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How many people in South Carolina are without power during Hurricane Florence?

Top safety tips SCE&G shared to prepare you for Hurricane Florence

SCANA COO Keller Kissam goes over a few safety points ahead of Hurricane Florence landfall and likely flooding in South Carolina.
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SCANA COO Keller Kissam goes over a few safety points ahead of Hurricane Florence landfall and likely flooding in South Carolina.

More than 95,000 S.C. households were without power at 5 p.m. Friday, hours after Hurricane Florence made landfall in North Carolina.

South Carolina’s utilities have warned those outages could last a while, as Florence’s strong winds and heavy rains keep linemen from making repairs.

Most of the power outages — some 62,000 — were in Horry County, just south of where Florence made landfall Friday morning in North Carolina.

Here’s a breakdown of customers affected by South Carolina’s power outages, as of 2 p.m. Friday:

Nearly 39,600 customers directly served by the state-owned Santee Cooper utility. Nearly 27,700 of those customers were in North Myrtle Beach; about 7,700 were in Myrtle Beach.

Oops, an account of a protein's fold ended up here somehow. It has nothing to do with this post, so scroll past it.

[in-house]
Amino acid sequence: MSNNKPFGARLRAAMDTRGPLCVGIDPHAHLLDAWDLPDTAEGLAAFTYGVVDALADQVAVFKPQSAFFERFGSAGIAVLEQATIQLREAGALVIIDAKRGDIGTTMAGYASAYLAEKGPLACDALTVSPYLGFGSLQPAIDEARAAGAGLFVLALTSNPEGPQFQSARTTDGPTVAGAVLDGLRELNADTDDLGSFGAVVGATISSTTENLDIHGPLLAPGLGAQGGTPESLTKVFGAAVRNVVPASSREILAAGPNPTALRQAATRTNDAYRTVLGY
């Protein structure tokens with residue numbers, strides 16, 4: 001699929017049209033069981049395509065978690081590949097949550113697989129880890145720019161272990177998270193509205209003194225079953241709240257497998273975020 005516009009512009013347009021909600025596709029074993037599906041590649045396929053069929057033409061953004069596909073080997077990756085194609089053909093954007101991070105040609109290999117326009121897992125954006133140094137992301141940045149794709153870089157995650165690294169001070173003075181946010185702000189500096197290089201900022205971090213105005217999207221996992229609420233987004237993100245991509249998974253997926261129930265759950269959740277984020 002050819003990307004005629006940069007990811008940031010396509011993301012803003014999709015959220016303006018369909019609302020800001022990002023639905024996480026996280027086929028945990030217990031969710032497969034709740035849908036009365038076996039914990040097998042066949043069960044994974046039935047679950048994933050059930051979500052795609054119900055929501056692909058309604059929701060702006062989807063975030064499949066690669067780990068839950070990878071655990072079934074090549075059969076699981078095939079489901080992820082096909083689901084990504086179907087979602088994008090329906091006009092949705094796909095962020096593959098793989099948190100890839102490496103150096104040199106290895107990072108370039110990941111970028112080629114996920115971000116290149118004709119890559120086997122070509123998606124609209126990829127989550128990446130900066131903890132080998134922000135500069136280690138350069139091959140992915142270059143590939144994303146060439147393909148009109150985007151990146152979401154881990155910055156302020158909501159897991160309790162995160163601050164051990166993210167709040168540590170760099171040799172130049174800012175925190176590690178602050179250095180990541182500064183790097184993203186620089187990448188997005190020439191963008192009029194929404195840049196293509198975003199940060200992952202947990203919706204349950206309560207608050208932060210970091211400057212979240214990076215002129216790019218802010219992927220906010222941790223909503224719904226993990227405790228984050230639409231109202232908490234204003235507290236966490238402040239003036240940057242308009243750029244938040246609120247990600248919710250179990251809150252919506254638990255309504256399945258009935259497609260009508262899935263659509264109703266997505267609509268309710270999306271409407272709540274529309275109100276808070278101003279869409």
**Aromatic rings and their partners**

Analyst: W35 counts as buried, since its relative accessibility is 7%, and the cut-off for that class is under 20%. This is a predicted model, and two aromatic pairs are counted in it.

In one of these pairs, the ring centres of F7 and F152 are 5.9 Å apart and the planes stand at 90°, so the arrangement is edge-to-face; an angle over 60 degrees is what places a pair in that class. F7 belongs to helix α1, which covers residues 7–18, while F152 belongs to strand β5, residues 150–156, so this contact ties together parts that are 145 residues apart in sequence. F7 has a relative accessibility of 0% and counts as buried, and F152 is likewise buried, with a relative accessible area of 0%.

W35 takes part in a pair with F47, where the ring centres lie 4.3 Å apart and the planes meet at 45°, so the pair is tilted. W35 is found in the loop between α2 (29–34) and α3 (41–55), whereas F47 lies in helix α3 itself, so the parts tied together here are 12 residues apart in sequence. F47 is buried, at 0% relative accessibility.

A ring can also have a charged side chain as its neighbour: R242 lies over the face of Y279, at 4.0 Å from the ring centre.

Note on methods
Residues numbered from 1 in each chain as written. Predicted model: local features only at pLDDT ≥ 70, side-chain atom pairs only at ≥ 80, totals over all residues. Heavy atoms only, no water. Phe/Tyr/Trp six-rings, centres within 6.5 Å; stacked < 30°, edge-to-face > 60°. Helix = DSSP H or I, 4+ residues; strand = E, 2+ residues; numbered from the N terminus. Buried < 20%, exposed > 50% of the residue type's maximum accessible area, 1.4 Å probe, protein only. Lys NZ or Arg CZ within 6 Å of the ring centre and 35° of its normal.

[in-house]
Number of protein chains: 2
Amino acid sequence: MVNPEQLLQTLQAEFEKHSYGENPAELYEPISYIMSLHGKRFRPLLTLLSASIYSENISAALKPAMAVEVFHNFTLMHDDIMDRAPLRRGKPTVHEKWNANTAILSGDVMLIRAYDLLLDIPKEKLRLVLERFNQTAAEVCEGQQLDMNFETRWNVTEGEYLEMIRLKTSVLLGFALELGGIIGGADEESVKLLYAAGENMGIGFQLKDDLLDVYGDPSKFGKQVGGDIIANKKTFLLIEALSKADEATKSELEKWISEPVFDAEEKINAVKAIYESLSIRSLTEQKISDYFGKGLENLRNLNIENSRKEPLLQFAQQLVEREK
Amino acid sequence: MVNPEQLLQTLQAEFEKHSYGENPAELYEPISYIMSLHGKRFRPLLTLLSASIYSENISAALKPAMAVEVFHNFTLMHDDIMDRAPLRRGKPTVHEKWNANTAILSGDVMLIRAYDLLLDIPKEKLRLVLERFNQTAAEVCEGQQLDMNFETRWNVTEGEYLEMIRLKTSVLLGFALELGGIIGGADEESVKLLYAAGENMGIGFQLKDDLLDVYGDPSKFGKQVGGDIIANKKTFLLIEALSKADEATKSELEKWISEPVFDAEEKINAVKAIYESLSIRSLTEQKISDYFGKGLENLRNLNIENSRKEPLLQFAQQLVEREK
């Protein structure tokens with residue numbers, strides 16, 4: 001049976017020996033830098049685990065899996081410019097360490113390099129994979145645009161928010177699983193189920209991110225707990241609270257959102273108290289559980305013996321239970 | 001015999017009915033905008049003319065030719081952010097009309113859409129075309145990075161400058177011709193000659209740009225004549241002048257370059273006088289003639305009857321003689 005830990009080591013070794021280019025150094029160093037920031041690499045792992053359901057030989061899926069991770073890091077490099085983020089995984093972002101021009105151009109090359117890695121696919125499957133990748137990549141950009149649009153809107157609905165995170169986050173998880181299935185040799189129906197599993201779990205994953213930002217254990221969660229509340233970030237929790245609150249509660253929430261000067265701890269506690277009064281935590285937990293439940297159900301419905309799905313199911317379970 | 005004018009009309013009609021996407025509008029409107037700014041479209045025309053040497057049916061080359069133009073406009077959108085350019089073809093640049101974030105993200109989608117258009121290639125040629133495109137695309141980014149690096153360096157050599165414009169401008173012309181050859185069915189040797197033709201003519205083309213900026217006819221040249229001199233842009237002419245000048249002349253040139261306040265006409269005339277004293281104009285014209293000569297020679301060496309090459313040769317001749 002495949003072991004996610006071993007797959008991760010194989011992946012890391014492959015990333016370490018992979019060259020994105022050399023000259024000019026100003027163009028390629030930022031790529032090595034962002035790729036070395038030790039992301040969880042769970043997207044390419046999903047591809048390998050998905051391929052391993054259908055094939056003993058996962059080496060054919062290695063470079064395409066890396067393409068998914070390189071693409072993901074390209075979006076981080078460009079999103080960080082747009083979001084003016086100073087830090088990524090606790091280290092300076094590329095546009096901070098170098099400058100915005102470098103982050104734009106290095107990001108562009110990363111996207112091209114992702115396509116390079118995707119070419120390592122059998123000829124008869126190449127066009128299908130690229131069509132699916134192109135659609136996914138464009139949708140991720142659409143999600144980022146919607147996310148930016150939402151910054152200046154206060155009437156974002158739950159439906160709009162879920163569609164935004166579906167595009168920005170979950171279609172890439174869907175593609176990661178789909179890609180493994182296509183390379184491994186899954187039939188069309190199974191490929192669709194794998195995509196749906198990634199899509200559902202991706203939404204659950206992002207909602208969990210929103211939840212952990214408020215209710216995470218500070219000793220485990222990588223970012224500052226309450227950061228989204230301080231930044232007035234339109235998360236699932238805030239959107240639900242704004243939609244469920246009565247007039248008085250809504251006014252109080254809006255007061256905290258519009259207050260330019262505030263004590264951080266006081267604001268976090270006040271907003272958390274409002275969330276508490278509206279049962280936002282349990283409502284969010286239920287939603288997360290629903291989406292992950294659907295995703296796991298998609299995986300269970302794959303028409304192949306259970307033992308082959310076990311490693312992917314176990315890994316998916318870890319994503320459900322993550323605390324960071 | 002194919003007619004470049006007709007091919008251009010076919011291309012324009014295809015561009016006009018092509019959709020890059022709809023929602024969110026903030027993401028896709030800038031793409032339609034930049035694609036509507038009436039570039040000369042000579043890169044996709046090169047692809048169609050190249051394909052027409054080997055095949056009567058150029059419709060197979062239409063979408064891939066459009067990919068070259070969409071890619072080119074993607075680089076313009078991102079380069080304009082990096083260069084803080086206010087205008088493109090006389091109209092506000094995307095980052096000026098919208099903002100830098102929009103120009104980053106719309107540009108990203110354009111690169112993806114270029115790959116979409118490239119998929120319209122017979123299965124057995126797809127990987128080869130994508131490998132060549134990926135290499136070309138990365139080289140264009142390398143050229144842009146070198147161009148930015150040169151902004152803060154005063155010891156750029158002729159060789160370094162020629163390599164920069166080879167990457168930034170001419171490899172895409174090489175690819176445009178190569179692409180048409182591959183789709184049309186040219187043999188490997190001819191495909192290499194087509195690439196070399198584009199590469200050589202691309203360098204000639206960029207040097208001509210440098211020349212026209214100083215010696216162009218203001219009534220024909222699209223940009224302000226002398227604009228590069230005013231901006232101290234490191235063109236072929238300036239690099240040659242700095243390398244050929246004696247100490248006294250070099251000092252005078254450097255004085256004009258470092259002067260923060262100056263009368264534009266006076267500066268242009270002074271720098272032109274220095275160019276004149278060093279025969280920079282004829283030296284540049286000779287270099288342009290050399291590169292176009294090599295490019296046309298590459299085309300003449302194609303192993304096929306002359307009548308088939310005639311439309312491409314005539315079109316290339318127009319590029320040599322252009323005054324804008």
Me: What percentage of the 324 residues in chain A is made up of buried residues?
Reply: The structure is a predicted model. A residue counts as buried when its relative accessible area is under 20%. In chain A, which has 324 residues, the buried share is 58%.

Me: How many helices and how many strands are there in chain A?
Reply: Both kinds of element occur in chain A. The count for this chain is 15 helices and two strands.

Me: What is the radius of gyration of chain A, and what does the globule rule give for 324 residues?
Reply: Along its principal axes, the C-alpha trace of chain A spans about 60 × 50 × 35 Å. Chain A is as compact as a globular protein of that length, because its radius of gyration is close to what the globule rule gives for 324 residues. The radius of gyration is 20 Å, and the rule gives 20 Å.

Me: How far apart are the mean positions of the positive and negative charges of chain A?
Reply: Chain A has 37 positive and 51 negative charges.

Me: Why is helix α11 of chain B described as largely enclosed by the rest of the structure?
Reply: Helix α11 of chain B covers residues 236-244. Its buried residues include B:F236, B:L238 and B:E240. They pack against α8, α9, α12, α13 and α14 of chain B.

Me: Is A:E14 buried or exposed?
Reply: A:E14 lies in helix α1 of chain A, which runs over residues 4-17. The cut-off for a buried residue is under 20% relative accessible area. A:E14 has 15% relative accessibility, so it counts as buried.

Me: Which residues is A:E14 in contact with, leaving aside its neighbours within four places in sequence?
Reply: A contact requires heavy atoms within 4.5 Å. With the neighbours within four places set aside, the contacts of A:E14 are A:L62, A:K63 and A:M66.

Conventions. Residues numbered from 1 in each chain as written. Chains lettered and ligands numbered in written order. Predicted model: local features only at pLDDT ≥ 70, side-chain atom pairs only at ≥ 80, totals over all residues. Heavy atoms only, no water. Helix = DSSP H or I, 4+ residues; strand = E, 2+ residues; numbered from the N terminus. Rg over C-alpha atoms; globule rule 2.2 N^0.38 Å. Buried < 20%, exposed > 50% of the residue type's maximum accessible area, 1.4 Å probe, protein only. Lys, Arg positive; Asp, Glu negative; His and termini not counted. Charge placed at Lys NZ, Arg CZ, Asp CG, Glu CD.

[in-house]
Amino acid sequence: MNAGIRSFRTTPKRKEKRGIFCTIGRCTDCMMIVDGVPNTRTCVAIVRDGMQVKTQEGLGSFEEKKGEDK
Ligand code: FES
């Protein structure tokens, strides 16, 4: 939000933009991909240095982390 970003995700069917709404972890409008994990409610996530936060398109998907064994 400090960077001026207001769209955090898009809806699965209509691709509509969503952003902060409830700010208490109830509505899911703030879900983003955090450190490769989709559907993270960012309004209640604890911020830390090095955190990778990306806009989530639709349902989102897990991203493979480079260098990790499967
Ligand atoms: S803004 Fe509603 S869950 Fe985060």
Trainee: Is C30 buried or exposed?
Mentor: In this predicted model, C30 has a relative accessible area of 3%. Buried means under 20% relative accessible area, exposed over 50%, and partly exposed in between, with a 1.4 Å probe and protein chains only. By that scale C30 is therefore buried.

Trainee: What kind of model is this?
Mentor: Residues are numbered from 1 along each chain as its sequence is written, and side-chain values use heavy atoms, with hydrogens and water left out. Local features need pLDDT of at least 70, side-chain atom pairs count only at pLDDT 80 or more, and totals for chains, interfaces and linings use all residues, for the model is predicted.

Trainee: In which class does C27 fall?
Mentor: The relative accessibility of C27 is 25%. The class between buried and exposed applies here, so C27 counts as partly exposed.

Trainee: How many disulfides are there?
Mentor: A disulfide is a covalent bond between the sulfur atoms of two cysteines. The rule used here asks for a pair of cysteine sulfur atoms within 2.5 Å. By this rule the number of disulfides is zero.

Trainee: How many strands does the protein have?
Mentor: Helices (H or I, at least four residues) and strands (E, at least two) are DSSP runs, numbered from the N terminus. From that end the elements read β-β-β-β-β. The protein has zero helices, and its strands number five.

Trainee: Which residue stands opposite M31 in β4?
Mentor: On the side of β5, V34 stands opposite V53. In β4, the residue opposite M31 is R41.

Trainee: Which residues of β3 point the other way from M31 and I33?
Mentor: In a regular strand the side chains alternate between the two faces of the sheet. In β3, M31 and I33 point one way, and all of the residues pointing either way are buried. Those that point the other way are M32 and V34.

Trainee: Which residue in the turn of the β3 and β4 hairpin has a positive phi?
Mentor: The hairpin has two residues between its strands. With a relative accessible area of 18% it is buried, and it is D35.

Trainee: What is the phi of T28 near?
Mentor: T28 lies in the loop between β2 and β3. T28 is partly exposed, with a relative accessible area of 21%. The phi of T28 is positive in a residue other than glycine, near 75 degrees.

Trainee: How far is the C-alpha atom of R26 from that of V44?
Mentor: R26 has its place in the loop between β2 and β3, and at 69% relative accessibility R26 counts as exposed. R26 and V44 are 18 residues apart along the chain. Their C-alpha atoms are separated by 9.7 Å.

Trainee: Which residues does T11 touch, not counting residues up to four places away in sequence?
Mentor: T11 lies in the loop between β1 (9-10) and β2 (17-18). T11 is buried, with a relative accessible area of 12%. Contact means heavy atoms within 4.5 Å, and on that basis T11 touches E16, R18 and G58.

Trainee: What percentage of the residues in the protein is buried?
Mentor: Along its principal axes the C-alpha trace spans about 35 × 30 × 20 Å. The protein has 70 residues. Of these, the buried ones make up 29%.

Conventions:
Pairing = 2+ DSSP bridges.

About 33,200 customers of electric cooperatives, which buy power from Santee Cooper and Duke Energy. Nearly 26,700 of those were Horry Electric customers in Horry County.

22,200 Duke Energy customers. Nearly 13,000 were in the Pee Dee counties of Florence, Marion and Dillon, just south of the North Carolina border.

About 200 SCE&G customers.

Santee Cooper said Friday morning that Florence had knocked out two transmission lines in northern Horry County. Those lines deliver power to Horry Electric customers as well as Santee Cooper customers.

In a news release Friday, the Electric Cooperatives of South Carolina explained how the Category 1 storm would affect the electrical system.

“Wind and trees are a power-punch to overhead electric systems,” the statewide trade group wrote. “As the wind pushes over trees onto power lines, the weight puts a tremendous pull on the poles holding them up. At some point the poles — eight inches in diameter at the top — snap. Or the cross-arms, the timbers where the wires are attached, break.”

Reach Wilks at 803-771-8362. Follow him on Twitter @AveryGWilks.
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